26. By Article 97 of Regulation No 987/2009, the European Union legislature fixed the entry into force of that regulation at 1 May 2010 and there is nothing in the recitals in the preamble thereto or any other provision of that regulation which can be construed as meaning that Article 44 thereof is to take effect from a point in time before that measure was published. On the contrary, it is apparent from Article 87(1) of Regulation No 883/2004, which applies to situations governed by Regulation No 987/2009 pursuant to Article 93 of that regulation, that it does not give rise to any entitlement for the period prior to the date of its application, namely 1 May 2010.
27. Moreover, as observed by the Advocate General in point 40 of his Opinion, it should be borne in mind that, when the DNR adopted the decisions contested in the main proceedings, refusing to take account of Mrs Reichel-Albert’s child-raising periods at issue in those proceedings, Regulation No 987/2009 was not yet applicable.
28. Consequently, Article 44 of Regulation No 987/2009 is not applicable ratione temporis to the facts at issue in the main proceedings.
29. In those circumstances, it is in principle the European Union rules governing the coordination of national social security schemes as resulting from Regulation No 1408/71, interpreted in the light of the relevant FEU Treaty provisions, in particular those relating to the free movement of persons as referred to by the referring court in its decision, which must be applied to the facts at issue in the main proceedings.
30. However, since Regulation No 1408/71 does not lay down any specific rules applicable to the crediting of child-raising periods completed in another Member State for the purpose of an old-age pension, the questions referred by the national court must be understood as asking, in essence, whether, in a situation such as that at issue in the main proceedings, Article 21 TFEU must be interpreted as requiring the competent institution of a first Member State, for the purposes of granting an old-age pension, to take account of child-raising periods completed in a second Member State as though those periods had been completed on its national territory by a person who, at the time of the birth of his of her child, had ceased being in employment in that first Member State and had temporarily established his or her residence in the territory of the second Member State, although without being employed as an employee or self-employed person.
The two questions
31. It is necessary, first, to determine the legislation of the Member State under which it is appropriate to define or accept as periods equivalent to proper periods of insurance those periods spent by the applicant in the main proceedings in raising her children in Belgium between 1981 and 1986 and, second, should it turn out to be the German legislation which is applicable, to determine whether the procedure for taking into account child-raising periods provided for under that legislation is compatible with Article 21 TFEU.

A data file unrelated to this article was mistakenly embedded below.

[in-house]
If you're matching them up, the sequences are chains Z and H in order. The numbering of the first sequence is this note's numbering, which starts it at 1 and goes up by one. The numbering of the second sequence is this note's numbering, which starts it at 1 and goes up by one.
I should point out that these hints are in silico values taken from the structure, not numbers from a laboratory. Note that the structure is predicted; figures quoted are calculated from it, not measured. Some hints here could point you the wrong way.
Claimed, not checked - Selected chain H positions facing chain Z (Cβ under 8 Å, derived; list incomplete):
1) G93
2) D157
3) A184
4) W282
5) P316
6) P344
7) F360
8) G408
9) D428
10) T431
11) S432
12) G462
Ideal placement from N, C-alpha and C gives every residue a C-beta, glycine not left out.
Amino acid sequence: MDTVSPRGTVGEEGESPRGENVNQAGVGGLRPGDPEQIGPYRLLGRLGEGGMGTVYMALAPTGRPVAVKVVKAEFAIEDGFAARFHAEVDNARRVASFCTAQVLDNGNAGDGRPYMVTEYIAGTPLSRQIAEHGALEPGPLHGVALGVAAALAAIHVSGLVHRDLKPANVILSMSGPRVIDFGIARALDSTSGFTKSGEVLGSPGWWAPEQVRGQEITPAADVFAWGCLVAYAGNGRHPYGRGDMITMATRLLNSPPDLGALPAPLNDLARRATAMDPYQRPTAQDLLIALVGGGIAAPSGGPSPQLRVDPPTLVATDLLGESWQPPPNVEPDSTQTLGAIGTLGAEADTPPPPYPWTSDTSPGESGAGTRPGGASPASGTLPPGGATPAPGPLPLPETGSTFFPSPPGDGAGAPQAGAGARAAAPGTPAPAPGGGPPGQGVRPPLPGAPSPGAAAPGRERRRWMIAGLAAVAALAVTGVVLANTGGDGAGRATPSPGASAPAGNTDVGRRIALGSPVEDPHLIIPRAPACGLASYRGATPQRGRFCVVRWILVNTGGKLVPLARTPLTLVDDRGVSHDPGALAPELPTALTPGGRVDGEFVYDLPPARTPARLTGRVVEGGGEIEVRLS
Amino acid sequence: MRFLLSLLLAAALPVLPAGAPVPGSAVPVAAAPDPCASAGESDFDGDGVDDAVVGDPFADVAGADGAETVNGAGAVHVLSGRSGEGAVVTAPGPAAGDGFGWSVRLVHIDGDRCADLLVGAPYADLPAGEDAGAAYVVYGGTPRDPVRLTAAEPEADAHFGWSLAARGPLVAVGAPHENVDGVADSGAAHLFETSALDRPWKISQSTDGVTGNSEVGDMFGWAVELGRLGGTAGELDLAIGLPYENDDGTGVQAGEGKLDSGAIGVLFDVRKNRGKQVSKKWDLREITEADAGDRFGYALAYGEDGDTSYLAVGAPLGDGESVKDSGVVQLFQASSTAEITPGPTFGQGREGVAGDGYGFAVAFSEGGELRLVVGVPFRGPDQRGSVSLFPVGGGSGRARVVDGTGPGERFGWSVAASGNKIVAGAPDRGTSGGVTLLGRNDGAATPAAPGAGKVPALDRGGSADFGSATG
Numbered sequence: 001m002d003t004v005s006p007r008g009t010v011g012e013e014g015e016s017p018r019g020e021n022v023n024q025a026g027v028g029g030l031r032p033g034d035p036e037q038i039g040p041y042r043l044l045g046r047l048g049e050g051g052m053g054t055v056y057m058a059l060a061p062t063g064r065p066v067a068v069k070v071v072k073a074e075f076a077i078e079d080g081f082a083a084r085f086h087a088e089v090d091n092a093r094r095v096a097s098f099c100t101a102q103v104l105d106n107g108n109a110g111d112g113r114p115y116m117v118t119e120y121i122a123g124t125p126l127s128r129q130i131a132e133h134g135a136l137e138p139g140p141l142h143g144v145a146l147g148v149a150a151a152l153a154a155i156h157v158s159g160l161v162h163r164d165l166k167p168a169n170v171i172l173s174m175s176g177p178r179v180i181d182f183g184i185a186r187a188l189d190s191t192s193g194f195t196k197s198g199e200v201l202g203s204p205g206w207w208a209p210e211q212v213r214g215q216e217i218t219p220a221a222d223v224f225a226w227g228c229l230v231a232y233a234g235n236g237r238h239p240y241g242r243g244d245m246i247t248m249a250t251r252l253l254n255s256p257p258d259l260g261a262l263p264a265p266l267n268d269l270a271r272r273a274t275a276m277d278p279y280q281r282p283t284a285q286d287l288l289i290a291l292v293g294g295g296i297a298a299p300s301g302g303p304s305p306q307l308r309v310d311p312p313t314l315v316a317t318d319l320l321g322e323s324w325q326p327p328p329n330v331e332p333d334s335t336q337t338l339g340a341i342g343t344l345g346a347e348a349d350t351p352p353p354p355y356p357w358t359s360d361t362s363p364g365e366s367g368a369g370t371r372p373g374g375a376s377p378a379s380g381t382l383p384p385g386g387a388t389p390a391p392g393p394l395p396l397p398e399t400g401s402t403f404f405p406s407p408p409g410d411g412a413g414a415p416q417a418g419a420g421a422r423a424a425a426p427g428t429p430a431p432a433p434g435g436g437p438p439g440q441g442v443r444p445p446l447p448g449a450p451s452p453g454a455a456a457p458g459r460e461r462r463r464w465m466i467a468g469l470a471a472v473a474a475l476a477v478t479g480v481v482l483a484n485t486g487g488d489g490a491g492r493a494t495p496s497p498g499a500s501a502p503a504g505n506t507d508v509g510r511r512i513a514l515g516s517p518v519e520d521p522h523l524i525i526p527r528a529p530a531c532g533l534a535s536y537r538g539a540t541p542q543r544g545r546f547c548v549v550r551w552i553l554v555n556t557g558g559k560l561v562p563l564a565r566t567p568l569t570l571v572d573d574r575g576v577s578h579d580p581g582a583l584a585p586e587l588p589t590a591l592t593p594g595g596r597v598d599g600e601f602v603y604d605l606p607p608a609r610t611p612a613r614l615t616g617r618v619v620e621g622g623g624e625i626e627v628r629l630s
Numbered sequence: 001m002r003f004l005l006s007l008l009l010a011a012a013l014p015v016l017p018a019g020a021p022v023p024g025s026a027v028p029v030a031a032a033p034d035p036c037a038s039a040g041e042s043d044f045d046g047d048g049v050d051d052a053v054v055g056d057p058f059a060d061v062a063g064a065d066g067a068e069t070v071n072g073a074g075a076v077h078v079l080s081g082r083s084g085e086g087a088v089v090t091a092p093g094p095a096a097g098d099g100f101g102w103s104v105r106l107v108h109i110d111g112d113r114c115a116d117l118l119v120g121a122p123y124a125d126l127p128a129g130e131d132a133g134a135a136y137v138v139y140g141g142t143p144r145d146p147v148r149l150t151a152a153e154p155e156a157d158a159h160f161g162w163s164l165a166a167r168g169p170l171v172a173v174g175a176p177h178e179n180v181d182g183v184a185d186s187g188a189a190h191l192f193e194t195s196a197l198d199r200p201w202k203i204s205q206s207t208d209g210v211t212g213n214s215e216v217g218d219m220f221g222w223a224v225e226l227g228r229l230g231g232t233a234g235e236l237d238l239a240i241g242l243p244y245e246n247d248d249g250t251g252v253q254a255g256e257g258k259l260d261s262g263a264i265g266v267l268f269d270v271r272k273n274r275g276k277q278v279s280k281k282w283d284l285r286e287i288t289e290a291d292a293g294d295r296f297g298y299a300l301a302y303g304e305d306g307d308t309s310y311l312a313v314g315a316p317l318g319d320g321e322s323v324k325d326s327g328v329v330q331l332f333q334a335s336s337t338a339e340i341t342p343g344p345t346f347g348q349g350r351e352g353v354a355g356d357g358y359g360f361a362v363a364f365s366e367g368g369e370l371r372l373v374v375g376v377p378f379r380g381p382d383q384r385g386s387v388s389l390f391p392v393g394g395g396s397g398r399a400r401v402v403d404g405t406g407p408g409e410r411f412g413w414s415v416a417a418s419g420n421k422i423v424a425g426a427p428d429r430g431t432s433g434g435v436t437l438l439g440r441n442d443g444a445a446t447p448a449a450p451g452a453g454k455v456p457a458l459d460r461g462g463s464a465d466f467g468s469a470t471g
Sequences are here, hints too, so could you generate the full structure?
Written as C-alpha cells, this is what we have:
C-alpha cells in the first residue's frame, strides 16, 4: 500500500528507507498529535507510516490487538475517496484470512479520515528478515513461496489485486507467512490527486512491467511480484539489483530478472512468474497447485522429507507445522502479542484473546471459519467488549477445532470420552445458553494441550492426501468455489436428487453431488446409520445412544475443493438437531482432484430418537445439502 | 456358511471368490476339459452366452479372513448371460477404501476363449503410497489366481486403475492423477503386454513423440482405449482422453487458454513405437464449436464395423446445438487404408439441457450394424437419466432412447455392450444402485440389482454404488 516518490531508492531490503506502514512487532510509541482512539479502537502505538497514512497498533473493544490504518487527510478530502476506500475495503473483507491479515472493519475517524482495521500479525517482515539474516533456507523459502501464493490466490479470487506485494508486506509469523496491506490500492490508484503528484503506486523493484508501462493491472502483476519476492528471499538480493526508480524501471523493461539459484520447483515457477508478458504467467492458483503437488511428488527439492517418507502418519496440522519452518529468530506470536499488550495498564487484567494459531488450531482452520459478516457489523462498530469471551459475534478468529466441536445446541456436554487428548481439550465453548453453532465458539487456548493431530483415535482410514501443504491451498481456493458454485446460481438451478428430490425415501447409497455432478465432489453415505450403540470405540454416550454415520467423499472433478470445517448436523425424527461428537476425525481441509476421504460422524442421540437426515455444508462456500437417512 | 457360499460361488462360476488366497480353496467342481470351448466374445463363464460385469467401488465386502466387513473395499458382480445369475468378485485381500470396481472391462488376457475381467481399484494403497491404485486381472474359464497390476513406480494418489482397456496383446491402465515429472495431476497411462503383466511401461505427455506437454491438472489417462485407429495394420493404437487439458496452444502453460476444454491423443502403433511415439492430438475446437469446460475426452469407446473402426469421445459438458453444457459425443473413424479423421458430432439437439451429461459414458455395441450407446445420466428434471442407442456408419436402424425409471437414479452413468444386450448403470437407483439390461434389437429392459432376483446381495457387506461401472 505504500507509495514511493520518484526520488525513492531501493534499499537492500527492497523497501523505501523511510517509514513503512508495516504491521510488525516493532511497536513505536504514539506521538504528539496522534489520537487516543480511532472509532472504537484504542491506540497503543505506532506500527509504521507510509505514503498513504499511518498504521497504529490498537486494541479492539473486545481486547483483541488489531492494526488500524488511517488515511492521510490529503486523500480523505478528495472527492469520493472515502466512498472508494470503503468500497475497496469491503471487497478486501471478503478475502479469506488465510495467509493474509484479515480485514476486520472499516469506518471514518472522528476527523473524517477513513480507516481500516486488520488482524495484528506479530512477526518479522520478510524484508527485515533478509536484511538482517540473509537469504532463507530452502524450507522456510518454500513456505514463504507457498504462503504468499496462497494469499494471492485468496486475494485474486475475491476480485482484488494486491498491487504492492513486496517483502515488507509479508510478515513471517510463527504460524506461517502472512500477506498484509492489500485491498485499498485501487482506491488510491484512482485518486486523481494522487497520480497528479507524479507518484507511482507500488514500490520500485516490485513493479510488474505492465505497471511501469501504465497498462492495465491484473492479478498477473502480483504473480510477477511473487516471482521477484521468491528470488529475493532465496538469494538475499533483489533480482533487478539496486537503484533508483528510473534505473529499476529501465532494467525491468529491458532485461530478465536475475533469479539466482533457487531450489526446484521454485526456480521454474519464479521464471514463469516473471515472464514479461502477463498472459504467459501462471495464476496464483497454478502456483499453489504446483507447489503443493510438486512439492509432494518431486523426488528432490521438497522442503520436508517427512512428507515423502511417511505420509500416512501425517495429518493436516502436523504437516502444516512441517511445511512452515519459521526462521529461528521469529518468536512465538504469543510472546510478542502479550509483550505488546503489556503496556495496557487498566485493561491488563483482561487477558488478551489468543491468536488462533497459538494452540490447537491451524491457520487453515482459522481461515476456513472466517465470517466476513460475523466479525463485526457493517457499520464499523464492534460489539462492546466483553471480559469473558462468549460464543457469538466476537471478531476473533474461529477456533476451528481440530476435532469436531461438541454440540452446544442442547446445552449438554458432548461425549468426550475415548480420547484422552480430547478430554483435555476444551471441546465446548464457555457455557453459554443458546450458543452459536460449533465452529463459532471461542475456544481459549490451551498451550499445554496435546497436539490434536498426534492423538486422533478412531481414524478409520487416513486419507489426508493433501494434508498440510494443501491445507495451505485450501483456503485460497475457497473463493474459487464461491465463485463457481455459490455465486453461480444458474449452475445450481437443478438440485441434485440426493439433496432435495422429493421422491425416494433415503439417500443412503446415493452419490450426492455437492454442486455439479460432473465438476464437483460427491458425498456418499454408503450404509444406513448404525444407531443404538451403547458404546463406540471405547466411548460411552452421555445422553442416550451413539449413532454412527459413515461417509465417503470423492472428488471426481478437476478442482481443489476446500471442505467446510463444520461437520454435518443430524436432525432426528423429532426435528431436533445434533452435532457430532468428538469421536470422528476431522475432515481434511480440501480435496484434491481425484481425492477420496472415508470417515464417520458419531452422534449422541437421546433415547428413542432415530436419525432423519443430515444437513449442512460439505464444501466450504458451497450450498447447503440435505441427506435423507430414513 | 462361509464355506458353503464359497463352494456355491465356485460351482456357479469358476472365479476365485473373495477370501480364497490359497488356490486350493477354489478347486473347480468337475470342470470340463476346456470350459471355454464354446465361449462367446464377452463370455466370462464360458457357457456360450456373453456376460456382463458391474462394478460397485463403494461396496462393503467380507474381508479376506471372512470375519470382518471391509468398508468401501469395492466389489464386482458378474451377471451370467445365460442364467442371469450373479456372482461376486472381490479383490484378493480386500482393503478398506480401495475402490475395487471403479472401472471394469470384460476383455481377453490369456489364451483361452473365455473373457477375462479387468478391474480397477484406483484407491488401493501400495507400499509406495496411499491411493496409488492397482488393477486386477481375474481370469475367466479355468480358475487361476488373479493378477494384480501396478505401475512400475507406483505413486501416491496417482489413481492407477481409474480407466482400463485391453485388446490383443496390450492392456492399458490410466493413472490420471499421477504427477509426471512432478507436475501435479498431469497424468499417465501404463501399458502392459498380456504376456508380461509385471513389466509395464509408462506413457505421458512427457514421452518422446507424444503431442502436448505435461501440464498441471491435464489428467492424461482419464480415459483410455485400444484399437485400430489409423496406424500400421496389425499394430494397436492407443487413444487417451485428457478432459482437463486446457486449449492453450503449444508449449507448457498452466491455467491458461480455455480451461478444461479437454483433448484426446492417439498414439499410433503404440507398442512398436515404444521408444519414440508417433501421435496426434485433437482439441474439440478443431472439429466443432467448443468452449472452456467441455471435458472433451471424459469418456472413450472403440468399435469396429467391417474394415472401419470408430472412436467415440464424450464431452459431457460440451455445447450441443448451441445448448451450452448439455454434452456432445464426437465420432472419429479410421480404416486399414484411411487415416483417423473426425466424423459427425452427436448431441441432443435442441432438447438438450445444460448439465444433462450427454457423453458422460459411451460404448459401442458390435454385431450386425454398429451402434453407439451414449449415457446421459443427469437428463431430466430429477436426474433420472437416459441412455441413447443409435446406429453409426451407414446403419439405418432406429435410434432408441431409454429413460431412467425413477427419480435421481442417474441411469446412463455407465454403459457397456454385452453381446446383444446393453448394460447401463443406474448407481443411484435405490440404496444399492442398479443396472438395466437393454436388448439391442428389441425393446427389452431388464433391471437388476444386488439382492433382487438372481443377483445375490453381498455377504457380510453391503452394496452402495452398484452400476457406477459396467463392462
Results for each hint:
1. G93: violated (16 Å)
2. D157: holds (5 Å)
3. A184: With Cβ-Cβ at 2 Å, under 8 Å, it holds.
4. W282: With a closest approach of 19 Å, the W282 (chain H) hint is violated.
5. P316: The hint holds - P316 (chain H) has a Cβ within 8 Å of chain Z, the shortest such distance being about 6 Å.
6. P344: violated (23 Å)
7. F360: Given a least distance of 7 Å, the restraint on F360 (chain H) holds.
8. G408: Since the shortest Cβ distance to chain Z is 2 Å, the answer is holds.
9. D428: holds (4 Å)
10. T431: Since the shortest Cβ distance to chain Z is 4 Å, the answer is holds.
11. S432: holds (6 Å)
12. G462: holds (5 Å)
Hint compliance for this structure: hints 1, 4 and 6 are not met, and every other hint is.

32. As rightly pointed out by the German Government at the hearing in respect of the applicable legislation, the right to have child-raising periods taken into account can be based only on the statutory provisions of the Member State to whose law the person concerned was subject at the time when his or her child was born.
33. It is apparent from the case-file for the main proceedings that Mrs Reichel-Albert, after having resided, worked and contributed to the old-age pension scheme in Germany until 30 June 1980, transferred her residence to Belgium, where she continued to receive unemployment benefits until 30 October 1980 and gave birth to two children, after which, on 1 July 1986, she officially returned with her family to Germany, where she resumed regular employment.
34. In those circumstances, even if it were necessary to take account of Article 13(2)(f), inserted into Regulation No 1408/71 by Regulation No 2195/91, that is to say many years after completion by Mrs Reichel-Albert of child-raising periods in Belgium, that provision would still not be relevant in the circumstances of the main proceedings as regards taking into account child-raising periods for the purposes of old-age insurance (see, to that effect, Kauer , paragraph 31).
35. The fact that a person like Mrs Reichel-Albert worked and contributed in only one Member State, both before and after temporarily transferring her place of residence, solely on family-related grounds, to another Member State where she never worked or contributed, allows a sufficiently close link to be established between those child-raising periods and the periods of insurance completed by virtue of the pursuit of a gainful occupation in the first Member State under consideration (see, to that effect, Elsen , paragraphs 25 to 28, and Kauer , paragraph 32). It was indeed on account of completion of those latter periods that Mrs Reichel-Albert requested the DRN to take account of periods spent in raising her children during a break in her working career.
36. Consequently, the German legislation is applicable in a situation such as Mrs Reichel-Albert’s and, as regards the crediting of those periods of child-rearing for the purposes of old-age insurance, Mrs Reichel-Albert cannot be regarded as coming under the jurisdiction of her Member State of residence during the periods concerned (see, to that effect, Elsen , paragraph 28).